She had taken a weekend side-trip from Brussels to Paris, because, after all, one cannot miss Paris. But then getting back to Brussels had been a nightmare. Her schoolgirl’s French had failed her and she had accidentally gotten on the wrong bus. Instead of the bus towards Lille, she found herself on the one to Toulouse, and with much flurry and rapid, indignant French, she had to backtrack and renegotiate a ticket as best she could. She had barely made it to Brussels in time for her 6 a.m. ride onward to Bucharest. Her bus would arrive in twenty minutes, and absolutely nothing would stop her from getting on the correct bus this time.
She checked her bags for the umpteenth time and reread her tickets, practicing French words like votre billet and s’il vous plaît in her head, when she saw two large men’s boots in the corner of her vision.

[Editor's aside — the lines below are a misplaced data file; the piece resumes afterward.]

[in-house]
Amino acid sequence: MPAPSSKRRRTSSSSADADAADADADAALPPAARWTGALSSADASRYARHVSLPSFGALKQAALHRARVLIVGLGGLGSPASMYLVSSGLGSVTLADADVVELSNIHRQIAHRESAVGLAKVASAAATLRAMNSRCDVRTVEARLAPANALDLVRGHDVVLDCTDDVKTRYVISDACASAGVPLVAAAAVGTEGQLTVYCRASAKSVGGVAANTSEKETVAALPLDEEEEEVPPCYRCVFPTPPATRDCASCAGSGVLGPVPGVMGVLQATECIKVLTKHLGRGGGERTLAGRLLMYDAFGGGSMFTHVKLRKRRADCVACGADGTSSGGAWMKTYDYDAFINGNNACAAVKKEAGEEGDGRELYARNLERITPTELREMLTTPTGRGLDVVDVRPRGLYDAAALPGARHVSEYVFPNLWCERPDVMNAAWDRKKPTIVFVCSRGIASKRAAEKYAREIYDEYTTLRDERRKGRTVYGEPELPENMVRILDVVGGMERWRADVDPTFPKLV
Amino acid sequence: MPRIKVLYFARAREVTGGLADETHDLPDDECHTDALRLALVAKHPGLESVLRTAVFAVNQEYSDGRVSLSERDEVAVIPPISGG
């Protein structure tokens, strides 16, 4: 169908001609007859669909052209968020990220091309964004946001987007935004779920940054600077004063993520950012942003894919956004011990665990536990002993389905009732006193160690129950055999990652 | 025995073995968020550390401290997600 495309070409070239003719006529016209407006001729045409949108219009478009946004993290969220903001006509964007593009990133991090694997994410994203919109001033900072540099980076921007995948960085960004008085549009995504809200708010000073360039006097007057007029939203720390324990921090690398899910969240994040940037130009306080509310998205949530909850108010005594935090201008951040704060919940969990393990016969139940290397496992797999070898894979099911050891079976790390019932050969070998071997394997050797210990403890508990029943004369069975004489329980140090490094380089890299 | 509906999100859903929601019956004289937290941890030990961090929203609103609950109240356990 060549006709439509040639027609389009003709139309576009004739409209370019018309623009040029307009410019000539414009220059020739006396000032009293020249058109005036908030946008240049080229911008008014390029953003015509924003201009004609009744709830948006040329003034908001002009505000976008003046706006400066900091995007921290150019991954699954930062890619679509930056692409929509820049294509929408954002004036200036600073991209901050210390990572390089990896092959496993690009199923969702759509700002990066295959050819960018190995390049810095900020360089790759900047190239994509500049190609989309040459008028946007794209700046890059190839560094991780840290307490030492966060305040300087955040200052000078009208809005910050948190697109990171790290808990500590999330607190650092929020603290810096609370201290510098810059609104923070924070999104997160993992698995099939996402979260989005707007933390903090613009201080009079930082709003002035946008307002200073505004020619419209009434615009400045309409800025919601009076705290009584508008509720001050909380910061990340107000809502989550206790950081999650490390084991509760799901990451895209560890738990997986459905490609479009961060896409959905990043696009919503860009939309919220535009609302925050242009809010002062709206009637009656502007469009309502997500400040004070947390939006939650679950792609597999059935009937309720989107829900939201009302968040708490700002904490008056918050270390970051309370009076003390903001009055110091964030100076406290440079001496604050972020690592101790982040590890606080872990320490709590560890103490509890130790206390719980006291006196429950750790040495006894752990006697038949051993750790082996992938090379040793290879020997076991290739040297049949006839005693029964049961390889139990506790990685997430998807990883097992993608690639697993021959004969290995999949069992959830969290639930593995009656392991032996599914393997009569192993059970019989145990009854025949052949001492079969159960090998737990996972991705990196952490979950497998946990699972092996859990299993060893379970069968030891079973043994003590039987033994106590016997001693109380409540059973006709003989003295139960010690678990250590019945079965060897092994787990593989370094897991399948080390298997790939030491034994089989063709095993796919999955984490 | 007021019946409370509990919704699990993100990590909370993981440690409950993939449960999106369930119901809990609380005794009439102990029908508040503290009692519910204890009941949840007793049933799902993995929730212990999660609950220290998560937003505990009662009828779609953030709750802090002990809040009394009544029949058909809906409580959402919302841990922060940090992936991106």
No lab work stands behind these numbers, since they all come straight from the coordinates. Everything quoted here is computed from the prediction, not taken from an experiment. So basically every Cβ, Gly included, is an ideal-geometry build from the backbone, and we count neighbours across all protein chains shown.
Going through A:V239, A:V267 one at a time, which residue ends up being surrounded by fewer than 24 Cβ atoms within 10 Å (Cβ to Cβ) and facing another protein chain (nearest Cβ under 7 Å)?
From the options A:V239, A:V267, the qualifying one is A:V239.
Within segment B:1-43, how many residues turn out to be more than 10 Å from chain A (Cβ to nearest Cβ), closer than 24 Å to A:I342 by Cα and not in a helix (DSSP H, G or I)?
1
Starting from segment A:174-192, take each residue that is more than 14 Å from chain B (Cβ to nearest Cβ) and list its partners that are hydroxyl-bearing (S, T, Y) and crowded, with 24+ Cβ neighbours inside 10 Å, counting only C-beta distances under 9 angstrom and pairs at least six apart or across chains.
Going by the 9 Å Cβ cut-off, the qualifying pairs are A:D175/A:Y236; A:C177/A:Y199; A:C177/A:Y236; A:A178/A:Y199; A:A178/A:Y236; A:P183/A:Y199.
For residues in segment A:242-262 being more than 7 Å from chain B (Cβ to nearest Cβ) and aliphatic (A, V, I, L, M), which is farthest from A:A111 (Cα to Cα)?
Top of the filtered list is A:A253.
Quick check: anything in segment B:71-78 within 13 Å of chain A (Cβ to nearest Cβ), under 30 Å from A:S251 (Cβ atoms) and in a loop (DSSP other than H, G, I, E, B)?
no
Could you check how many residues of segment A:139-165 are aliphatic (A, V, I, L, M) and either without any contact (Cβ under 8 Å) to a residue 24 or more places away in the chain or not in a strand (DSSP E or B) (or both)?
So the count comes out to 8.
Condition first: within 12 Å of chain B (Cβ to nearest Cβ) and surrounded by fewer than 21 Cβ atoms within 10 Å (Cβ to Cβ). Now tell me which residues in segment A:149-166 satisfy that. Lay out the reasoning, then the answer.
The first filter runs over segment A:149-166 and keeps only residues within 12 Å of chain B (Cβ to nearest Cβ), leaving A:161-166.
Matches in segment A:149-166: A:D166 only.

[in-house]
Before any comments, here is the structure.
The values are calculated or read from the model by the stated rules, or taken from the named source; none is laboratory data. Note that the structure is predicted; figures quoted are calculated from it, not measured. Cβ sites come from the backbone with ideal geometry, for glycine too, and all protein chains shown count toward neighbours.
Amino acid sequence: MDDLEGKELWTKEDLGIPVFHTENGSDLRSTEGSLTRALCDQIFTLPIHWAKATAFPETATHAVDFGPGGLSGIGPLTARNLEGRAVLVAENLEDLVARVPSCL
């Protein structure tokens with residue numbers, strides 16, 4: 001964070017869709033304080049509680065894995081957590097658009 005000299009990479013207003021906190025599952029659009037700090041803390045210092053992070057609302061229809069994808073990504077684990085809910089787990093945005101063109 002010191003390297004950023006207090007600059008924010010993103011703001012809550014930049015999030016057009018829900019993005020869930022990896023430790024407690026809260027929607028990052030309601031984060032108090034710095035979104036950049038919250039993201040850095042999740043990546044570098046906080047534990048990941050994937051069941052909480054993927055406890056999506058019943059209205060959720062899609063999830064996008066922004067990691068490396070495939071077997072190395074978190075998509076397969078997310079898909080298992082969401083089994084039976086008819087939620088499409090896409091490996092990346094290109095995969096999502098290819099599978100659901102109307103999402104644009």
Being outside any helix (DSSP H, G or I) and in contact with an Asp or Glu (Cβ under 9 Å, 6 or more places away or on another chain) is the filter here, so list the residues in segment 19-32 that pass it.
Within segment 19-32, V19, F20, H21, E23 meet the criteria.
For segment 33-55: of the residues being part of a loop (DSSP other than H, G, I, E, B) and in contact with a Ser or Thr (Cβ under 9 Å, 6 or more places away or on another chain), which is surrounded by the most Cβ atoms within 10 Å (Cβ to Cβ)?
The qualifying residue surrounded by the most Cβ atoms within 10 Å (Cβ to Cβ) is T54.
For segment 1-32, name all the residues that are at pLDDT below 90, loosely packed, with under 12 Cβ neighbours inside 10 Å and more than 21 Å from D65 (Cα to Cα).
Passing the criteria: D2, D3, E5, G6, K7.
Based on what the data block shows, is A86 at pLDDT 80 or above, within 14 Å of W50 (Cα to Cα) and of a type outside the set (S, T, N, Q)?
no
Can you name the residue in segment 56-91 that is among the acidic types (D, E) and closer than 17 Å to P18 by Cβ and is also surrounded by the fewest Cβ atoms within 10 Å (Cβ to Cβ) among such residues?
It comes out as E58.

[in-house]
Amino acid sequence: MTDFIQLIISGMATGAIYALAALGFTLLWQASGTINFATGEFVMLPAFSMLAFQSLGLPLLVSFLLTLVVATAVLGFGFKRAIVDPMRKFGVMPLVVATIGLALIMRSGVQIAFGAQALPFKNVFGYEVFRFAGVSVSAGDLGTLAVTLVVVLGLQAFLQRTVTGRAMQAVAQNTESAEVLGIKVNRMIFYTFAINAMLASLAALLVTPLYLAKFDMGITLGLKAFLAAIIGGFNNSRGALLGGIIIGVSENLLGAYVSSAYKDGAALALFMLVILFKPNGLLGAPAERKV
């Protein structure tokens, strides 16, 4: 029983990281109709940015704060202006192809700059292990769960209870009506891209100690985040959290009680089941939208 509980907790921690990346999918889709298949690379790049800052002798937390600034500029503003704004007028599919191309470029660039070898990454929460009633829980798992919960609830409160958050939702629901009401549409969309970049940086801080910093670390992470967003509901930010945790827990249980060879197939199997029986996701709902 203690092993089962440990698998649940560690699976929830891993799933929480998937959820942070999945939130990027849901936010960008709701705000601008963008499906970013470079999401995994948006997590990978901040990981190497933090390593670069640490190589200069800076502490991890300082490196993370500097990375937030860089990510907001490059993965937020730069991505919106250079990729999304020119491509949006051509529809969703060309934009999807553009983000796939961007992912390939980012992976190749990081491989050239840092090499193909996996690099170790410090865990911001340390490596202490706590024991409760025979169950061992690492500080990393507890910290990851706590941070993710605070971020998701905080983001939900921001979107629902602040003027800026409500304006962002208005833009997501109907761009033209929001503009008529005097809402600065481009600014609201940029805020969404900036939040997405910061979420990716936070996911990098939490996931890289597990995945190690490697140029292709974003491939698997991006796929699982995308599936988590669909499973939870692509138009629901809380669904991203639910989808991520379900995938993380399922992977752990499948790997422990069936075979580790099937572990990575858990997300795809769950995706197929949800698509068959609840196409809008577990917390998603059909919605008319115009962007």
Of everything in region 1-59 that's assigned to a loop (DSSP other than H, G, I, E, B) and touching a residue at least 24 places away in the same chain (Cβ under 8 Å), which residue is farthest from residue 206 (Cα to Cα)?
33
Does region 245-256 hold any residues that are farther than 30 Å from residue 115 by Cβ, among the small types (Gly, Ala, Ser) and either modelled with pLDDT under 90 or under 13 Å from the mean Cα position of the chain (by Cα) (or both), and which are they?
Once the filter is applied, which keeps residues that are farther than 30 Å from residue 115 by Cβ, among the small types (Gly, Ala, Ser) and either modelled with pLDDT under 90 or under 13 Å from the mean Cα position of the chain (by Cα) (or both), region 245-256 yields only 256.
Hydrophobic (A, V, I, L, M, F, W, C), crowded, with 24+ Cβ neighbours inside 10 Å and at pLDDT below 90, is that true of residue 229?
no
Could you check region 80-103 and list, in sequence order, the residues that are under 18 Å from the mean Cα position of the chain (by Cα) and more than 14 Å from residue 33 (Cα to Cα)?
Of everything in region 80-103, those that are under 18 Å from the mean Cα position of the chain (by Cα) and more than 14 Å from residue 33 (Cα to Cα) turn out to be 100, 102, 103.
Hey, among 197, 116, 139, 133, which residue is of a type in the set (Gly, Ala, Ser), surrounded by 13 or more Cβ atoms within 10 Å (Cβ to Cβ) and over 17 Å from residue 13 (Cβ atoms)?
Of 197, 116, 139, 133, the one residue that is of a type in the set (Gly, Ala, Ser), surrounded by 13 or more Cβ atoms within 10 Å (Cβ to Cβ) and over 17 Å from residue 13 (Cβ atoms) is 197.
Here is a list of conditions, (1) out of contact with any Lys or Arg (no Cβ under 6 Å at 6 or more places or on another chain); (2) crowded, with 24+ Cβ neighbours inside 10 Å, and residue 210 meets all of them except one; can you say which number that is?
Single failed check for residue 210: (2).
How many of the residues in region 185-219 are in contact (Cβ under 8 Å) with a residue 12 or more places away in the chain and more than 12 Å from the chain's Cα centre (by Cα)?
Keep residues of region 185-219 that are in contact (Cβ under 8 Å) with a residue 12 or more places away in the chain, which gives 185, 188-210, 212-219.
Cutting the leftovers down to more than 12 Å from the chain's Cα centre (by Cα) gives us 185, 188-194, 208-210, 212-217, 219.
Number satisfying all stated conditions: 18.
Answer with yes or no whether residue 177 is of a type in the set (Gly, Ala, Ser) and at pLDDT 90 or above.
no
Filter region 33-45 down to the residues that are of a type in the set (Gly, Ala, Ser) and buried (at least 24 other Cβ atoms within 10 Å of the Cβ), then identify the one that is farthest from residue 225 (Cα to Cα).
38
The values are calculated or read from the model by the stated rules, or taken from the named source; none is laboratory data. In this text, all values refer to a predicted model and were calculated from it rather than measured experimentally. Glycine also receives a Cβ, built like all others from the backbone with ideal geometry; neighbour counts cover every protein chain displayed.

She looked up and gaped at the tall man standing before her. He was a vision, with blond, wavy, shoulder-length hair, a full brown beard, and an easy smile. With clothes wrinkled and dirty, he looked like he’d been traveling for years. So not her type – and yet somehow so masculine and delicious. His blue eyes twinkled at her expression, as he gestured towards the empty spot on the bench. In a deep baritone, he said, “Excuse-moi, est-ce que cette place est libre?”
She blinked at him and nodded. “Of course. Yes. Oui, bien sûr.”
He smiled broadly. “Ah. You’re American,” he said with some relief, in an accent that marked him as a Californian.
Ginny felt offended, though she realized how obvious it was. She watched surreptitiously as he heaved off his heavy backpack, plunked down on the bench, and spread himself out wide across the bench. She sat primly on her edge as he rested his long, golden bronze arm across the back of the bench and sighed loudly and contentedly. He looked bemused as he studied her. She avoided his gaze.
“So where are you headed?”
In a tone that indicated very clearly she did not want a conversation, she said, “I’m taking the bus to Liege, and heading on towards Romania.” She briefly considered pulling out a book, but then thought maybe that would be a shade too rude. She hoped he would get the message without her having to resort to such measures.